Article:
Lance Armstrong’s dream of winning his eighth Tour de France during his farewell Tour de France ended abruptly with the first mountain stage to Morzine-Avoriaz.
“My Tour’s finished,” he said
He ended a 189-kilometre hot, slog in the Alps 11’45” behind winner Andy Schleck (Saxo Bank), some 13 years younger.
Armstrong first retired at age 33, after winning the Tour de France for the seventh consecutive time. He decided to return to professional cycling in the autumn of 2008. He proved he still had his touch with a third overall at last year’s Tour de France, but this year has gone from bad to worse.
He has crashed, been dragged into a doping scandal by former team-mate Floyd Landis and now, suffered the his worst humiliation in the Tour de France since his return from cancer.
“I’ve had a lot of good days here [at the Tour],” he added. “I’ve had bad days. This is just a bad day.”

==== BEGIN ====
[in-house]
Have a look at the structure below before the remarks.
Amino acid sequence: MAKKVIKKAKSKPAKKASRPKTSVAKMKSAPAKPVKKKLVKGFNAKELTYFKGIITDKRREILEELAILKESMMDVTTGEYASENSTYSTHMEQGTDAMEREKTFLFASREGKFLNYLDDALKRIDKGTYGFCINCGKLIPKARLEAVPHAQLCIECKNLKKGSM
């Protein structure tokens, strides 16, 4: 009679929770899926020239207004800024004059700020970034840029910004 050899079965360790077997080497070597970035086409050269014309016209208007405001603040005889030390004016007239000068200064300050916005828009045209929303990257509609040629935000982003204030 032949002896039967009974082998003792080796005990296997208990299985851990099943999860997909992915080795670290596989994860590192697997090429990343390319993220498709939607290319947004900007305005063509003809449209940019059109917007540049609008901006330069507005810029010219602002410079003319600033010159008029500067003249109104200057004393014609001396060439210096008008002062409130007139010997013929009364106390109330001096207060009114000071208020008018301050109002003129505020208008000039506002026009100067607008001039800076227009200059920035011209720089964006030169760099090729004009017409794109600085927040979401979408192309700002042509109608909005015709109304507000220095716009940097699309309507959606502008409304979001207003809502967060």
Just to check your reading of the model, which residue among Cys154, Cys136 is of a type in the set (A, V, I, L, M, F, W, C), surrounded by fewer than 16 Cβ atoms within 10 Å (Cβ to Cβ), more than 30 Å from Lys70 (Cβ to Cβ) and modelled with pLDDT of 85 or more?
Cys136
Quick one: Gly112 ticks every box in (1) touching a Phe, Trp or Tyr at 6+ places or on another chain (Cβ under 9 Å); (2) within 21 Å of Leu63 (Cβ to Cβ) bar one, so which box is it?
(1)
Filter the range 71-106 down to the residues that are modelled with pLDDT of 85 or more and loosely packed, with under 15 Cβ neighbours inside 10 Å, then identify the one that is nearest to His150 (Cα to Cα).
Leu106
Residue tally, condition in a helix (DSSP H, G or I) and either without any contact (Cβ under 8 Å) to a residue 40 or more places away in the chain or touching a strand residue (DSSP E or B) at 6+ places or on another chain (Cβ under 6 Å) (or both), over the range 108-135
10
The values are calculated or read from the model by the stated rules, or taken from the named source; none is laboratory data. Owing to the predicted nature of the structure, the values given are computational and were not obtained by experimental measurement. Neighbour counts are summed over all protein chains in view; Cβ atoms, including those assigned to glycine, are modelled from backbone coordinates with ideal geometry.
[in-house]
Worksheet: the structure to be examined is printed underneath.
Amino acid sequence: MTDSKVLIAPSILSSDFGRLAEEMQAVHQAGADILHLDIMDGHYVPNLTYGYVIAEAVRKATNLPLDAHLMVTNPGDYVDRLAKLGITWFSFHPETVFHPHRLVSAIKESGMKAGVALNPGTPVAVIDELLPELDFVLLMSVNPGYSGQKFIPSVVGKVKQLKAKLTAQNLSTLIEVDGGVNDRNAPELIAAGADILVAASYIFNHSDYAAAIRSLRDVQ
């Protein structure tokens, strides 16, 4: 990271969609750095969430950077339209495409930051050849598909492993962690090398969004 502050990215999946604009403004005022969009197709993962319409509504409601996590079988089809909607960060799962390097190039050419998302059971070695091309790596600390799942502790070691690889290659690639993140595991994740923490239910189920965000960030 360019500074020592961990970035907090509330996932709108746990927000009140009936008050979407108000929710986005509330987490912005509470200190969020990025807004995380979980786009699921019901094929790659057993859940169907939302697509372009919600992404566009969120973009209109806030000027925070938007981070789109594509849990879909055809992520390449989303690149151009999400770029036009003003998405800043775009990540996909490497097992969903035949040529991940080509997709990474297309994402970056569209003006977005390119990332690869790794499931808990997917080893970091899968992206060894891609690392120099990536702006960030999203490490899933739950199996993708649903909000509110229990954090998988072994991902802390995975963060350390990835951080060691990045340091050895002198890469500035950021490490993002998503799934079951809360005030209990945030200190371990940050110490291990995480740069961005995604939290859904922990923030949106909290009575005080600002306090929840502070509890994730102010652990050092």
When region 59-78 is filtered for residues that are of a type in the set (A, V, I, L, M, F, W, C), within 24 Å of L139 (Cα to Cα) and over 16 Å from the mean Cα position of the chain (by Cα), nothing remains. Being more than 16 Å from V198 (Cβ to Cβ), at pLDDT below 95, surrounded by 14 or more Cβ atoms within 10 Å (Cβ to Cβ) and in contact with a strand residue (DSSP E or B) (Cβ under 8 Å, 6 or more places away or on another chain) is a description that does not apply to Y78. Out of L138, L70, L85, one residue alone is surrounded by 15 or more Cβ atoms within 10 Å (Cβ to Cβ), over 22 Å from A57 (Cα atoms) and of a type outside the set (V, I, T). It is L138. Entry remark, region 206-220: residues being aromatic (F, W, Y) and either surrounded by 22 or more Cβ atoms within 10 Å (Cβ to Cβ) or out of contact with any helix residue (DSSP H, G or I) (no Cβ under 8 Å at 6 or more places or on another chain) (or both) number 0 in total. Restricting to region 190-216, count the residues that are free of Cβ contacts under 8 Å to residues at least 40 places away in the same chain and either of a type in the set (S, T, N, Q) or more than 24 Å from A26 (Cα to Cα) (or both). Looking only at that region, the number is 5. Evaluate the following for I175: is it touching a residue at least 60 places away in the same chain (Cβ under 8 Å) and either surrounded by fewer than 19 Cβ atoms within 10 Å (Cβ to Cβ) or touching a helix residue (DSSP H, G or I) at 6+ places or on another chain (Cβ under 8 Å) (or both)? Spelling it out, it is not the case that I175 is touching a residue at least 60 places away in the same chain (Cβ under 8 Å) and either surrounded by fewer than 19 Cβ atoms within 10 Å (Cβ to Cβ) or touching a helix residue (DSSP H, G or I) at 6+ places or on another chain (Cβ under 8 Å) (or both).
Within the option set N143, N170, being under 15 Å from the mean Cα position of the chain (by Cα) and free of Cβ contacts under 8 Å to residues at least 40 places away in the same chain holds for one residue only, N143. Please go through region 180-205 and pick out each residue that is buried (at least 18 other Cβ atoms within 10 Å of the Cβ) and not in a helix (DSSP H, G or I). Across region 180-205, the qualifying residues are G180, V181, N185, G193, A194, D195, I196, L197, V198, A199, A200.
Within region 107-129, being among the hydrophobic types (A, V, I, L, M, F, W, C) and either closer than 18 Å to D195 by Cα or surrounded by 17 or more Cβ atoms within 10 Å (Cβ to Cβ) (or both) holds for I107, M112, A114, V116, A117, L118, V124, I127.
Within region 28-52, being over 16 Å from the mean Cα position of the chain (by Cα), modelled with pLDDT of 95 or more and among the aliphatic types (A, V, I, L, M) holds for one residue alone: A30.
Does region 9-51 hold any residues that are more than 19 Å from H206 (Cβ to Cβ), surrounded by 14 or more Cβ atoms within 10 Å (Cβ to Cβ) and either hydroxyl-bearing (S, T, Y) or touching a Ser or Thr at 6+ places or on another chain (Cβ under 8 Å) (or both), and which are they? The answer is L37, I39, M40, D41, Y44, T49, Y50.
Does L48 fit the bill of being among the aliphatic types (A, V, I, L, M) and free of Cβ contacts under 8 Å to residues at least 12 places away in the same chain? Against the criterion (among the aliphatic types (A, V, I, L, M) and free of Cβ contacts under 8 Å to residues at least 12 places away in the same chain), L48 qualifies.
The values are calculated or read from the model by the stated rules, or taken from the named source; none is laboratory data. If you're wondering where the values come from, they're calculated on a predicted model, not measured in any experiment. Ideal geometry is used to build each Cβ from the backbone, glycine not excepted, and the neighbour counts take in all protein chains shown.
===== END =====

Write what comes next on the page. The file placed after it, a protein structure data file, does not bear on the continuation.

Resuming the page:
Three separate crashes ruined Armstrong’s day: he was held up behind a crash at kilometre seven, he touched his pedal to the ground and crashed onto his back at kilometre 138, and narrowly avoided the crash of Egoi Martínez at kilometre 169.
It’s hard to argue Armstrong did not have the form to remain with the favourites when the pace increased on La Ramaz because he had just fallen on his back.
However, age and a tough pre-season may have played their part. Armstrong has rarely had team RadioShack on the front to control the tempo in this Tour de France, which increases his chances of crashing and indicates he may not be confident in his overall chances.
Today’s time loss put Armstrong in 39th at 13’26” back – out of contention for a top three and even a top ten. He refuses to give in, though, and plans to continue his comeback all the way until in Paris, in two weeks.
“I’ll hang in there and enjoy my final Tour,” he said. “I’m not going to complain.”
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